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BACKGROUND: Gonorrhea, caused by the bacterium Neisseria gonorrhoeae, is a globally prevalent sexually transmitted infection. The dynamics of gonococcal population biology have been poorly defined due to a lack of resolution in strain typing methods. METHODS: In this study, we assess how the core genome can be used to improve our understanding of gonococcal population structure compared with current typing schemes. RESULTS: A total of 1668 loci were identified as core to the gonococcal genome. These were organized into a core genome multilocus sequence typing scheme (N gonorrhoeae cgMLST v1.0). A clustering algorithm using a threshold of 400 allelic differences between isolates resolved gonococci into discrete and stable core genome groups, some of which persisted for multiple decades. These groups were associated with antimicrobial genotypes and non-overlapping NG-STAR and NG-MAST sequence types. The MLST-STs were more widely distributed among core genome groups. CONCLUSIONS: Clustering with cgMLST identified globally distributed, persistent, gonococcal lineages improving understanding of the population biology of gonococci and revealing its population structure. These findings have implications for the emergence of antimicrobial resistance in gonococci and how this is associated with lineages, some of which are more predisposed to developing antimicrobial resistance than others.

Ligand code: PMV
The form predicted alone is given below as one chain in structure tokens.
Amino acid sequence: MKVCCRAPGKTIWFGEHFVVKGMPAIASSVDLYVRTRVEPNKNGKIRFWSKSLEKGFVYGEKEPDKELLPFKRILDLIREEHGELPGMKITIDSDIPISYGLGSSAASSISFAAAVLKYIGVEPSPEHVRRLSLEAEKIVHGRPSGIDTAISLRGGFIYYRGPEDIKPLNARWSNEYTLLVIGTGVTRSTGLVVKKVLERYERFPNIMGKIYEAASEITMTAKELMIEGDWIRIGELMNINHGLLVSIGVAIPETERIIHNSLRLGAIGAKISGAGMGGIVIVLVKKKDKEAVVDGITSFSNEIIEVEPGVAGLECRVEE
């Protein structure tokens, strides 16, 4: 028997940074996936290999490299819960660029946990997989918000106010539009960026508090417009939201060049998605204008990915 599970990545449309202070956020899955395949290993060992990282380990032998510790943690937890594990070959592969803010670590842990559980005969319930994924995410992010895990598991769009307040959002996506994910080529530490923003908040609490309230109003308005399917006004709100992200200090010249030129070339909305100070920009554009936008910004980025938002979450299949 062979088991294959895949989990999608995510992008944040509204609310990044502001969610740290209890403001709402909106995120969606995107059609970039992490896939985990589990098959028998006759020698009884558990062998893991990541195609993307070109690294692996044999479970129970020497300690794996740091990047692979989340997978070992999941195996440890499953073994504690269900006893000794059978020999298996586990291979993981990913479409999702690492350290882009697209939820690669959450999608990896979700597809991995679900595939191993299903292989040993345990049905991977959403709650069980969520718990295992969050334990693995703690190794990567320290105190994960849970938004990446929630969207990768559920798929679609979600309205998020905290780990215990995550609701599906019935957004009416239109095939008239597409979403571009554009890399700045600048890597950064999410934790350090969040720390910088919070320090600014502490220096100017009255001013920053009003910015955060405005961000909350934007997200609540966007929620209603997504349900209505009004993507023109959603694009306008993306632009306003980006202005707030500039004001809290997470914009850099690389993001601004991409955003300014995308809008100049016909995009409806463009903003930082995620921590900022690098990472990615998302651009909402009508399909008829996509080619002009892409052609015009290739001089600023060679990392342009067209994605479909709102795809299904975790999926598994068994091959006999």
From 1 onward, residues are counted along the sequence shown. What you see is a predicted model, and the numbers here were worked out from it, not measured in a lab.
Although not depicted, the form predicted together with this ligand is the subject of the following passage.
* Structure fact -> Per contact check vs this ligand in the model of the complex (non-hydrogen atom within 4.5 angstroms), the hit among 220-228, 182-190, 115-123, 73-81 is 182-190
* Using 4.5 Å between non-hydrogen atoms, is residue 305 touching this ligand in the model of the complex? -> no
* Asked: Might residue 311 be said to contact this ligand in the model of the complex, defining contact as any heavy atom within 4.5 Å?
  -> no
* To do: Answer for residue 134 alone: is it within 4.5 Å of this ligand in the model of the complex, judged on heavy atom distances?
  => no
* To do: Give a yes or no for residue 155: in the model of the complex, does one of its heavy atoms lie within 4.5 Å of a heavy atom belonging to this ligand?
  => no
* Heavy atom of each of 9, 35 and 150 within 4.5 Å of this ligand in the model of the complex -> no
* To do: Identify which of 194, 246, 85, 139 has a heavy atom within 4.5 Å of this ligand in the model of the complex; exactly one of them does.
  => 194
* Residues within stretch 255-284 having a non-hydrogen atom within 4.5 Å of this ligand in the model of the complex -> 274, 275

Original publication




Journal article


J Infect Dis

Publication Date



antimicrobial resistance, cgMLST, genome, gonorrhea